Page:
Saturday, January 14, 2012
Latest on Chester Upland/Editorial on Chaput claims of discrimination/School Budgets/Misc.
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DN Editorial: Chaput's claims of discrimination are wrong
THE ARCHDIOCESE of
announcement last week that it was closing 49 schools sparked intense emotion.
Much of it was from the anguished students, parents and teachers of the
parochial system, but certainly much from the community at large. Given the
events of the last few years, such public sympathy for the Catholic Church is
no small thing. In fact, it seemed we had, for a moment, general public
recognition that educating kids was a task we all need to tackle together,
whether public or private. Philadelphia
Then, yesterday, in a column on PhillyCatholic.com, Archbishop Charles Chaput uttered the "D" word, potentially undoing some of that general good will.
The "D" word he uttered was not a profanity, but the word "discriminate." Chaput urged parents upset with the blue-ribbon commission's report not to be mad at the Archdiocese, but at public officials and others who "discriminate" against Catholic students by not having public monies support their education.
It harkens to the old argument of the Archdiocese's "saving" taxpayer dollars by educating kids in their own system. (An argument rarely made by childless taxpayers who pay school taxes, or those who never use public services like fire.) Chaput's claim of discrimination adds a fighting edge - albeit an unfair fight.
Catholic parents choose to send their kids to Catholic schools; they are not forbidden to send their kids to public schools. The fact that the public doesn't pay Catholic children for their religious education is no more discriminatory than the public not paying Jewish students to attend Hebrew school, or Muslim kids to go to their madrassa, or Quaker kids to go to Friends' school. And that's the way the Constitution wants it.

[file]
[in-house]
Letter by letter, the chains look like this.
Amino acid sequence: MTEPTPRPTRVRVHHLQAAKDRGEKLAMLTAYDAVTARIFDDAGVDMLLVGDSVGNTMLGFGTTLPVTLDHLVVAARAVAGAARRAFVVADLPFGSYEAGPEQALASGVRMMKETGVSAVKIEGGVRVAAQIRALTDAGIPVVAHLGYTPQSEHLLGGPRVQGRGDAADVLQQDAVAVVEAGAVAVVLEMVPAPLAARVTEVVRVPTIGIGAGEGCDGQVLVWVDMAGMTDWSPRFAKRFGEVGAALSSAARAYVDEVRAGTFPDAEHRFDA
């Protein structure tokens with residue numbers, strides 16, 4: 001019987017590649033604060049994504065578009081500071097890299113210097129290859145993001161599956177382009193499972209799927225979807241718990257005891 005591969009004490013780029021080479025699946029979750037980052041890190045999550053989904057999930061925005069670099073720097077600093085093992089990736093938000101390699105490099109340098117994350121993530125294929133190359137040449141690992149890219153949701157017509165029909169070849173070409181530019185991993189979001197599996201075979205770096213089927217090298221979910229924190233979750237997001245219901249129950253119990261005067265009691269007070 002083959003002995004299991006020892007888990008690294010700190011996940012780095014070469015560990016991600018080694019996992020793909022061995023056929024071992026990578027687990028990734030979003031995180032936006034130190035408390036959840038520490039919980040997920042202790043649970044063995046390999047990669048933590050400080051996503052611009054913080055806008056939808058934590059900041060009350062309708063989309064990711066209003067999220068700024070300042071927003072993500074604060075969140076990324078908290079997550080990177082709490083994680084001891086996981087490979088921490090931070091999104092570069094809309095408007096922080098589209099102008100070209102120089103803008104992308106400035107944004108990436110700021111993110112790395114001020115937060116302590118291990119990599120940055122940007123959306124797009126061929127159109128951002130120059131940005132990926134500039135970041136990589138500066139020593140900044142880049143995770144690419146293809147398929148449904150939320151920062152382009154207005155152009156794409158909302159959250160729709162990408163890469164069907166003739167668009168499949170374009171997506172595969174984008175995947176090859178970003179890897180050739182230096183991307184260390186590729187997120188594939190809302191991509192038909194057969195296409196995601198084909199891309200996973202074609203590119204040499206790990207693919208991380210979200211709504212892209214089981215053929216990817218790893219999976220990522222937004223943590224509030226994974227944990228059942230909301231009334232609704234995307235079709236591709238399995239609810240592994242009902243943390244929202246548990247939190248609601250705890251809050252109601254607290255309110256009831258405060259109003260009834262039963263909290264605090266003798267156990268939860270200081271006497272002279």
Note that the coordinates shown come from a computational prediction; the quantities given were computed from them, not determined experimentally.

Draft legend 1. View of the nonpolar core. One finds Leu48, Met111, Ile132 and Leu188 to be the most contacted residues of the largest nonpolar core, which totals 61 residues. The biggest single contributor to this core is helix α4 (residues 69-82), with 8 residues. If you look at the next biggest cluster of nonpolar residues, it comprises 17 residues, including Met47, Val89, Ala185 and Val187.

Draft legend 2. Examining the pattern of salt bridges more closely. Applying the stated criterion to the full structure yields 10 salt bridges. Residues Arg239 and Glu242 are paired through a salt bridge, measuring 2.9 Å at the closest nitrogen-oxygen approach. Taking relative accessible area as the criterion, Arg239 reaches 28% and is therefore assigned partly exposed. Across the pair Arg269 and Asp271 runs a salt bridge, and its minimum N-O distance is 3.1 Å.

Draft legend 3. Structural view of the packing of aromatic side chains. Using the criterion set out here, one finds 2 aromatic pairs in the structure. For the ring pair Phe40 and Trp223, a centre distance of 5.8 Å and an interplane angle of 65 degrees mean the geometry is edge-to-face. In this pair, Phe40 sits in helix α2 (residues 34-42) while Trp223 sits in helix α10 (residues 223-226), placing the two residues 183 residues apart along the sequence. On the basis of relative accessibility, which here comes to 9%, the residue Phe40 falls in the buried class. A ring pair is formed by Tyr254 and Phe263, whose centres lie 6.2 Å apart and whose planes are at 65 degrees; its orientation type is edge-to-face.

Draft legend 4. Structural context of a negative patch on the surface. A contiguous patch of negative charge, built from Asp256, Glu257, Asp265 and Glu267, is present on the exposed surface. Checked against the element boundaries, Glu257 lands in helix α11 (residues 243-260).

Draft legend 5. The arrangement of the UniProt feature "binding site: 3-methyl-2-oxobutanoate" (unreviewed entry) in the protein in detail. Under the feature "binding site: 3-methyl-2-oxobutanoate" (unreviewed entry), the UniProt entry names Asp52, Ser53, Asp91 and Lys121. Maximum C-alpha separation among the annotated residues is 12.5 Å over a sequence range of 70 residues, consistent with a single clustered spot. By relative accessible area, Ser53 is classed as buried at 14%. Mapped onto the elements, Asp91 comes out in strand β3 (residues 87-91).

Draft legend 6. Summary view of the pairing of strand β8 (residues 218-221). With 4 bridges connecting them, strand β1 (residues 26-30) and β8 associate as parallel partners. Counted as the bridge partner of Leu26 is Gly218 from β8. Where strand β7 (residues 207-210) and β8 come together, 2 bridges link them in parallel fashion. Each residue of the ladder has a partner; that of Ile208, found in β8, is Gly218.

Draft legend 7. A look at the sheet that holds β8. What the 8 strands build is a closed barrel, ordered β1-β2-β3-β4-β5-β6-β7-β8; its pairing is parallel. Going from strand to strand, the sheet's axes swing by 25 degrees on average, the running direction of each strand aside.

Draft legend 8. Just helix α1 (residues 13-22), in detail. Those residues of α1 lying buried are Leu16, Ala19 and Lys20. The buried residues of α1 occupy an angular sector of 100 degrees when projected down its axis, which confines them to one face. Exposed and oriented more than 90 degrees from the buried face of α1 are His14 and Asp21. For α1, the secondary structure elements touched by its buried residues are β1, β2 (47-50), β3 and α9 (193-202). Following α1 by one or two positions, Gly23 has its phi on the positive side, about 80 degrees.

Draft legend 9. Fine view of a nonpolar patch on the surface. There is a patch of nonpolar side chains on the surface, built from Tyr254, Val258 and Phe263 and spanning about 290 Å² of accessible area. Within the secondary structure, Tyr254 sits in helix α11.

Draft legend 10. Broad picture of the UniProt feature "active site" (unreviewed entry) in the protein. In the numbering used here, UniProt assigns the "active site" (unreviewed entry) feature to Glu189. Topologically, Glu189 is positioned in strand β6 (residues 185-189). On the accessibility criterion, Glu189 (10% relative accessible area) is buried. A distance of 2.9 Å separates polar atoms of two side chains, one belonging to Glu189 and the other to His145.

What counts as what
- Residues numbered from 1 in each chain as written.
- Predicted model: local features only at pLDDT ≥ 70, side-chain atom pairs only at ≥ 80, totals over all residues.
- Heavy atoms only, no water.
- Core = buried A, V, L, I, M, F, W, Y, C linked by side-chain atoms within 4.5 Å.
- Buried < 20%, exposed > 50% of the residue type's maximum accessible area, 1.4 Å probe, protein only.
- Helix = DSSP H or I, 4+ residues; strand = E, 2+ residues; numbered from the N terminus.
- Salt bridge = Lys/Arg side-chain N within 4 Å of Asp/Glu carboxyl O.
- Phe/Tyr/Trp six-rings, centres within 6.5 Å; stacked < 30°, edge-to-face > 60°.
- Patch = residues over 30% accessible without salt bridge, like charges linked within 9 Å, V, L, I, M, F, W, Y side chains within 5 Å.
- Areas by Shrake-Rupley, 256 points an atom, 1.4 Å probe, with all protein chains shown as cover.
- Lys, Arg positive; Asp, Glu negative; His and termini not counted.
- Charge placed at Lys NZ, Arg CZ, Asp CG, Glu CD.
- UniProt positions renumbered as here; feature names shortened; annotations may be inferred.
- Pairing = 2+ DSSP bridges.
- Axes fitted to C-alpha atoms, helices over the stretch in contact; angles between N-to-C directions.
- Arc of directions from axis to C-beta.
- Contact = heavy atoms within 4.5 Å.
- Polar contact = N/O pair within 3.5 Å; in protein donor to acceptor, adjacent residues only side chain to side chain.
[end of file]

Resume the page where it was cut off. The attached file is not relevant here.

School Districts Budget Updates January 14, 2011
Khepera Charter ratifies union contract
THE NOTEBOOK by Will Treece on
The Board of Directors at
and the year-old bargaining unit representing its teachers ratified their first
contract Monday. The contract establishes a salary scale and regularizes
procedures for labor-management communications and teacher evaluation. Khepera Charter School
Khepera is a K-8 African-centered academy in West Mount Airy that opened in 2004.
The teachers voted last June to be represented by the Alliance of Charter Schools and Employees, an affiliate of the American Federation of Teachers Pennsylvania.
Another education candidate announces…..
Democrat announces bid for state House seat held by Gillespie
CHRISTINA KAUFFMAN -- The
Dispatch, Updated: York 01/12/2012
03:56:32 PM EST
State Rep. Keith Gillespie,
, will have competition this
year. R-Springettsbury Township
Democrat Shane Richardson, 27, of
announced Thursday he plans to run for the 47th House District in northeastern . York County
He has a bachelor's and master's degrees in education from
, he said. Millersville
Education, property tax reform and social programs would be his priority, he said, and he would work to save libraries and senior centers.
Most studies of charter schools use unsophisticated methods and are flawed in ways that prevent researchers from accurately gauging those institutions' impact on student achievement, a new review concludes.
And while researchers have options for collecting more accurate information about charter school performance, they also face obstacles along the way—some of them related to the unwillingness among states and schools to provide crucial data, the analysis finds.
A meta-analysis of charter school studies revealed that about 75 percent of them do not meet rigorous research standards because they don't account for the differences in academic background and academic histories of students attending charters, when comparing them with those attending traditional public schools, according to the review, published in the renowned journal Science.
Why Is Congress Redlining Our Schools?
January 10, 2012
This article appeared in the
January 30, 2012
edition of The Nation.
Redlining was the once-common practice in which banks would draw a red line on a map—often along a natural barrier like a highway or river—to designate neighborhoods where they would not invest. Stigmatized and denied access to loans and other resources, redlined communities, populated by African-Americans and other people of color, often became places that lacked businesses, jobs, grocery stores and other services, and thus could not retain a thriving middle class. Redlining produced and reinforced a vicious cycle of decline for which residents themselves were typically blamed.
Today a new form of redlining is emerging. If passed, the long-awaited Senate bill to reauthorize the Elementary and Secondary Education Act (ESEA) would build a bigger highway between low-performing schools serving high-need students—the so-called “bottom 5 percent”—and all other schools. Tragically, the proposed plan would weaken schools in the most vulnerable communities and further entrench the problems—concentrated poverty, segregation and lack of human and fiscal resources—that underlie their failure.